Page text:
“Take, my brethren, the prophets, who have spoken in the name of the Lord, for an example of suffering affliction, and of patience.” (James 5:10, AV)
I remember in my first church receiving one of those less than gracious email diatribes. It was down right hurtful. I had poured my heart out into this couple and they wrote something that truly hurt. I guess, I felt betrayed. They did not like a message I preached and proceeded to vent and make all kinds of accusations. I was distraught about the situation. I was teaching in an extension seminary on Monday evening when I happened to mention it to wife of the pastor who hosted the seminary at his church. She said, “Oh those, my husband has a whole drawer full of letters like that.” Honestly, her response made me feel a little bit better. While I knew better, I had been thinking that I was the only pastor who ever had that experience. It was comforting to know that I was not alone.
James wrote to a group of believers and exhorted them to wait patiently on the Lord. These believers were going through trials of their own. They were enduring forms of persecution. It is likely that they were under pressure to withdraw from the Christian community and move back to traditional Judaism. To encourage them, James reminds them that the prophets of the Old Testament had endured much persecution and persevered in the faith.
What did the prophets do to incur such mistreatment? They held firm to the purpose to which the Lord called them. They preached the word of God as He directed. In spite of persecution, they did not waver in their duty. For example, consider the prophet Jeremiah. He preached the word and the nation would not listen (Jer13:10; 17:23; 18:12). He was mistreated (Jer 20:1-2; 26:11; 38:6). It was not only Jeremiah who endured suffering, Jesus rebuked the Pharisees as sons of those who killed the prophets (Matt 23:31). The prophets endured much suffering and yet, remained steadfast in their calling.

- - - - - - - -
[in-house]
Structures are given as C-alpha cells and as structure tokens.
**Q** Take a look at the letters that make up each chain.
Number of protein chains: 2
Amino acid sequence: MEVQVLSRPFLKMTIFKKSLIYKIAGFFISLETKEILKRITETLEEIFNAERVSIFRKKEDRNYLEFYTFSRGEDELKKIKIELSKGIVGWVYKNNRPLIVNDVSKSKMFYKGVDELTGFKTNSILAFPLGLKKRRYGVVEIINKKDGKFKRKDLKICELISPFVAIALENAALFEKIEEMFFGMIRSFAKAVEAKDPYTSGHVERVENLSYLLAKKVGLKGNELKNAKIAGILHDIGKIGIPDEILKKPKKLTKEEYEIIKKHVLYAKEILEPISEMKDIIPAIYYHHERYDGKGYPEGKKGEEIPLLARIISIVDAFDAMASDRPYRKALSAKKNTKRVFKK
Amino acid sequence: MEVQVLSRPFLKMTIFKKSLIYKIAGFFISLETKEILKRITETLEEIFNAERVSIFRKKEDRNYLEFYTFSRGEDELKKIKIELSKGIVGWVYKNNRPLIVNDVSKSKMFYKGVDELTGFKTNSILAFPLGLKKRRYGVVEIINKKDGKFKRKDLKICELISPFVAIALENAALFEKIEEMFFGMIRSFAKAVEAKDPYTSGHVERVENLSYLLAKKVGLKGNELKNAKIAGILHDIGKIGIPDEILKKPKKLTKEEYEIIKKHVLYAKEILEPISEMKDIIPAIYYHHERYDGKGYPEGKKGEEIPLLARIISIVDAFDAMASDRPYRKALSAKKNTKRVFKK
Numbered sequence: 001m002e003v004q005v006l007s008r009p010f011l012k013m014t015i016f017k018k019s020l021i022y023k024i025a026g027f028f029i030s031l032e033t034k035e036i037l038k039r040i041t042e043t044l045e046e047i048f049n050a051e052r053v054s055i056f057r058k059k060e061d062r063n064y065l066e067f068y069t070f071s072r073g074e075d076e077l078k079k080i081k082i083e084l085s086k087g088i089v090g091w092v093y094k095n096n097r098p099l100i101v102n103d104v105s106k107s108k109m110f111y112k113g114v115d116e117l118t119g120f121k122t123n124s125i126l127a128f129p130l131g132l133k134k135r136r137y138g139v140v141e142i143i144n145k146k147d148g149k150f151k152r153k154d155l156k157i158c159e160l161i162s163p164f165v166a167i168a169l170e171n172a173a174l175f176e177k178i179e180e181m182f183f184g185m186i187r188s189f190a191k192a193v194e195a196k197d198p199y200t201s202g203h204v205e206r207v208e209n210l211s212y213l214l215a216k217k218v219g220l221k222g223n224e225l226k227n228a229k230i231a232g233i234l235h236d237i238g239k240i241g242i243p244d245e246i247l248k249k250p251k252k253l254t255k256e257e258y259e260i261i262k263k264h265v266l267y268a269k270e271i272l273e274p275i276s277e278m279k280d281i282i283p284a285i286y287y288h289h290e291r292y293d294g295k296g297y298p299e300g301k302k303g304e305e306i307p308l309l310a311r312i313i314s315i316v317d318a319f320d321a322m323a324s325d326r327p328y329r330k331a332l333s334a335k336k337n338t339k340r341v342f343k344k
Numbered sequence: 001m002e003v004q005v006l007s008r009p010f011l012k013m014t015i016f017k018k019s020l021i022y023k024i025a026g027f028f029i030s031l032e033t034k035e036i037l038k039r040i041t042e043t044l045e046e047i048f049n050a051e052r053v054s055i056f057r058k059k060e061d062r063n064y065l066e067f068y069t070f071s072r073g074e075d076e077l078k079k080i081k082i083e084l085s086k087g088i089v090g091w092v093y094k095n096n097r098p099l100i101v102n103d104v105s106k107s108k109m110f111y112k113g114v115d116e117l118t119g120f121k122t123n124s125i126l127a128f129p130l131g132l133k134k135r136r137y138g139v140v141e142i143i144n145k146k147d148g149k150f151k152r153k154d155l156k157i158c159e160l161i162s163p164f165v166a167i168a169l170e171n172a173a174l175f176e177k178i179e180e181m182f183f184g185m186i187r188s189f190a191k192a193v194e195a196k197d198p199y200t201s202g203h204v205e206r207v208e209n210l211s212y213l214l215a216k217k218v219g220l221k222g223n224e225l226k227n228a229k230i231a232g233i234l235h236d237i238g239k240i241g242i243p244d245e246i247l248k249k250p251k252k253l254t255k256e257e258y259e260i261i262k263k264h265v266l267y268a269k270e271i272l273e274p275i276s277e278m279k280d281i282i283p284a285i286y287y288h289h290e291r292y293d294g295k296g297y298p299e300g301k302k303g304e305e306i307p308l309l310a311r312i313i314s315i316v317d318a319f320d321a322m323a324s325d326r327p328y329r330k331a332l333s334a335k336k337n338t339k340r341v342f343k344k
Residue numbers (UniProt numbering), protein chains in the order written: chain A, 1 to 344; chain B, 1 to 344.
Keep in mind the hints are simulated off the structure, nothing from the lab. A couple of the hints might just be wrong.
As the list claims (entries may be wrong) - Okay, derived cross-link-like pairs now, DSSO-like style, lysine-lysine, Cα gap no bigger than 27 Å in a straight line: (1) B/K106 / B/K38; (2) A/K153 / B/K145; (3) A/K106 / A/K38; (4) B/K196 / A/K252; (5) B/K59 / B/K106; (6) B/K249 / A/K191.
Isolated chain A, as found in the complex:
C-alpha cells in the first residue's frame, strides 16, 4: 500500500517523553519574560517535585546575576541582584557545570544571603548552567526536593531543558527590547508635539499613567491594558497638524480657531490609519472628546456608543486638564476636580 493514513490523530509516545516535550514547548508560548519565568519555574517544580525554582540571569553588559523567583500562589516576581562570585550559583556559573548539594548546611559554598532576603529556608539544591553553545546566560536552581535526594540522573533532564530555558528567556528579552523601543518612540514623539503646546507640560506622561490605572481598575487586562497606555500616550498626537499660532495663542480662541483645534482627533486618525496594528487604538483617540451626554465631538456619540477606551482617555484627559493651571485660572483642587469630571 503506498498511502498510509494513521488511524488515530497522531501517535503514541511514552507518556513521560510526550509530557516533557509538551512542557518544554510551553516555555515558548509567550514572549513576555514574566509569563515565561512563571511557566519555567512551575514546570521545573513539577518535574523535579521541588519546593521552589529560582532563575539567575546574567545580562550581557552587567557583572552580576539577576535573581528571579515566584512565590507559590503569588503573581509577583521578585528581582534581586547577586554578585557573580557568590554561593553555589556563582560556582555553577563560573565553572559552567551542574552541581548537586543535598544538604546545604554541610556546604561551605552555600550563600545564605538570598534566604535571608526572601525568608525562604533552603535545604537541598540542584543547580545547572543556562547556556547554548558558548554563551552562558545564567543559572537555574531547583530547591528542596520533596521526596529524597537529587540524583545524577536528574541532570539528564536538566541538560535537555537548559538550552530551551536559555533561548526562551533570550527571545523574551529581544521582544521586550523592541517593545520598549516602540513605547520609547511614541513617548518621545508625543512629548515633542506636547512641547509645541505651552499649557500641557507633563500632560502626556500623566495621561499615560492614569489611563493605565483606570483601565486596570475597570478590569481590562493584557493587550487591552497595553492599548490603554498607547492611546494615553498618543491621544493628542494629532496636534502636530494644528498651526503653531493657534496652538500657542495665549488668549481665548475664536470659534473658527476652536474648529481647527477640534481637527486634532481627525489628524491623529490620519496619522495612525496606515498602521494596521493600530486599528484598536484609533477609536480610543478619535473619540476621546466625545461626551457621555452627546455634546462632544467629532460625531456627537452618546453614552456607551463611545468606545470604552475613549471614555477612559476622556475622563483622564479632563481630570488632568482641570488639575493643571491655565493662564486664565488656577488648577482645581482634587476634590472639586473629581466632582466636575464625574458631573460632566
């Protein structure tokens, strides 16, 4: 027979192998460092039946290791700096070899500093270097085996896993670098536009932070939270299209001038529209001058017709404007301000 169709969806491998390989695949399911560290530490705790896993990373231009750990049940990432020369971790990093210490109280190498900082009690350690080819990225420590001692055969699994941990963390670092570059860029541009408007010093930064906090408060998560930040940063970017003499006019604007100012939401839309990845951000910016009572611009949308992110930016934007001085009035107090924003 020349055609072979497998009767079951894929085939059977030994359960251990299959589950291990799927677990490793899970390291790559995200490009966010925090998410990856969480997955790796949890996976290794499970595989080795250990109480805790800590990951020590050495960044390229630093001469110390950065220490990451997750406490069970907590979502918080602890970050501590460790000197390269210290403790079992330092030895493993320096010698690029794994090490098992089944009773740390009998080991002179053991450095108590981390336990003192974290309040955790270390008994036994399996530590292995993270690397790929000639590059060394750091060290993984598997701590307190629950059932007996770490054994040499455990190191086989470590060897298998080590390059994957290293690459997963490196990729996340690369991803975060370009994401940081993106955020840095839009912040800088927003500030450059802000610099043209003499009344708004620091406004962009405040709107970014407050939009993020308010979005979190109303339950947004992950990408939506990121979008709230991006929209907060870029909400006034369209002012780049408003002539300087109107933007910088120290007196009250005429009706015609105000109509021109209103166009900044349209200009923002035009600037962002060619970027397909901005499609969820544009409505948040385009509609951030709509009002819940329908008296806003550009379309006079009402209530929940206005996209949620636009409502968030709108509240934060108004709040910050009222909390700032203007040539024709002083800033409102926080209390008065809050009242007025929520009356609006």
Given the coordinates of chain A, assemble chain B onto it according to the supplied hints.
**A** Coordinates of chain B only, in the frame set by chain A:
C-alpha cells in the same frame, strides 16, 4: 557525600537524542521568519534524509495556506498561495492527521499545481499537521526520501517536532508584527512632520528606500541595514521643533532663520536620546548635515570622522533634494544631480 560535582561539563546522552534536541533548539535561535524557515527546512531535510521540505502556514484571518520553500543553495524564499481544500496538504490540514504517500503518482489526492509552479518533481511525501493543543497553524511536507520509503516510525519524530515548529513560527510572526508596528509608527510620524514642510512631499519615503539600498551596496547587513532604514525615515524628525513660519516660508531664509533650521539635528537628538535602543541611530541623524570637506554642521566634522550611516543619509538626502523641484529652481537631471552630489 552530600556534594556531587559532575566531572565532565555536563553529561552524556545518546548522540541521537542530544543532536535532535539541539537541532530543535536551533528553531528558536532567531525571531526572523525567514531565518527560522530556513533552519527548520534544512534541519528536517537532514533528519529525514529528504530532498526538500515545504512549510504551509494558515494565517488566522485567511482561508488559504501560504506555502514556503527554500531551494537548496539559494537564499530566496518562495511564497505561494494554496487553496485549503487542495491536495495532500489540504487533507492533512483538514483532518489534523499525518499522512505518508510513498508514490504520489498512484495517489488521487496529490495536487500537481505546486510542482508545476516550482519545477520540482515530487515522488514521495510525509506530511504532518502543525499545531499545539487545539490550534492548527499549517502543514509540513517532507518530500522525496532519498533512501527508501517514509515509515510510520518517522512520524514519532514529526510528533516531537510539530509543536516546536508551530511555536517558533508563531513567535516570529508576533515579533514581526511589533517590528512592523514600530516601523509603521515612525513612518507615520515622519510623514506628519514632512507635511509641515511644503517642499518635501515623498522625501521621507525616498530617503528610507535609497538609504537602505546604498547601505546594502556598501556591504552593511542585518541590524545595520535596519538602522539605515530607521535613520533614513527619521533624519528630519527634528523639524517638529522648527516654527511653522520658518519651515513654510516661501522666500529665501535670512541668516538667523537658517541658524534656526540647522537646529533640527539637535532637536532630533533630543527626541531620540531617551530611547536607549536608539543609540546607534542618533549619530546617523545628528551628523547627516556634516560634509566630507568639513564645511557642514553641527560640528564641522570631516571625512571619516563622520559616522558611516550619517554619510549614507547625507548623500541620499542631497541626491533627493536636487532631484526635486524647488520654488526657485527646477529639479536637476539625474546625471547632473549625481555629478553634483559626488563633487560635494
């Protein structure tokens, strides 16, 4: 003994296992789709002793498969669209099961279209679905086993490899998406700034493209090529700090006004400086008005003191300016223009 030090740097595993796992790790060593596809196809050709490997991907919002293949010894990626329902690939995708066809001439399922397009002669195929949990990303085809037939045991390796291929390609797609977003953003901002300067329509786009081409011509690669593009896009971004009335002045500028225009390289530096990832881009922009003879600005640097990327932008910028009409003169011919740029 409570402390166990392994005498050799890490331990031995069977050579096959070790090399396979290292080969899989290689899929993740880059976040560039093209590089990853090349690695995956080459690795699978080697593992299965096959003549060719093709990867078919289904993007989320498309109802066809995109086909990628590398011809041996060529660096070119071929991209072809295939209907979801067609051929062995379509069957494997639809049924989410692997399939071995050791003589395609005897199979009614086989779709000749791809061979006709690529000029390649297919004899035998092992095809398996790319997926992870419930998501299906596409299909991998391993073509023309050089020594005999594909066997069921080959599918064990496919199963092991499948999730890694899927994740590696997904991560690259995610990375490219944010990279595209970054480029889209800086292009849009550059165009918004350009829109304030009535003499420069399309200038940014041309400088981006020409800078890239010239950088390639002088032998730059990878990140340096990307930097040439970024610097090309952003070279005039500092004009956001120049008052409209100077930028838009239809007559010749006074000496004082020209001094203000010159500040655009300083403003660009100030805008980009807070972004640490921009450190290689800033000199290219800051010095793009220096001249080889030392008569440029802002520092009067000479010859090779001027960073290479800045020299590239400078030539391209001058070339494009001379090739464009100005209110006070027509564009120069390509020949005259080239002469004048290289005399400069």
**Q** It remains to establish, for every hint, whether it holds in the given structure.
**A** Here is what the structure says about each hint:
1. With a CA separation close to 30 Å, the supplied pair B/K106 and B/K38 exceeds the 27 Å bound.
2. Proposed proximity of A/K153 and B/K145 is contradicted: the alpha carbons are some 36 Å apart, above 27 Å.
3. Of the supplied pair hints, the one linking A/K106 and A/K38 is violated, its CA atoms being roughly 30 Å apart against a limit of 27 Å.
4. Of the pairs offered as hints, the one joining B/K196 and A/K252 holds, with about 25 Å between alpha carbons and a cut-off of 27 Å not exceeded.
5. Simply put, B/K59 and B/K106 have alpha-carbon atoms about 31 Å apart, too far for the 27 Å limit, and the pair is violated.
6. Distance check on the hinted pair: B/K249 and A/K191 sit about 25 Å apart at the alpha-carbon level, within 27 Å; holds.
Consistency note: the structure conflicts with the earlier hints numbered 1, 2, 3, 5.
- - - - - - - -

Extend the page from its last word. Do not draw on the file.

It is not unusual for pastors and Bible teachers to bear the brunt of attacks by parishioners. It is also likely that all believers will endure some form of suffering for their faith. Paul wrote to Timothy, “Yea, and all that will live godly in Christ Jesus shall suffer persecution” (2 Timothy 3:12, AV). Do not be surprised when you suffer for your faith. People will look at you as if you are weird when you live a godly life. They may ridicule you. They may treat you unfairly. They may persecute you in many ways. Remain steadfast. Remember that the Lord knows your suffering and that He also knows those who are persecuting you. Take comfort in the fact that they persecuted the prophets who were before you (Matt 5:12).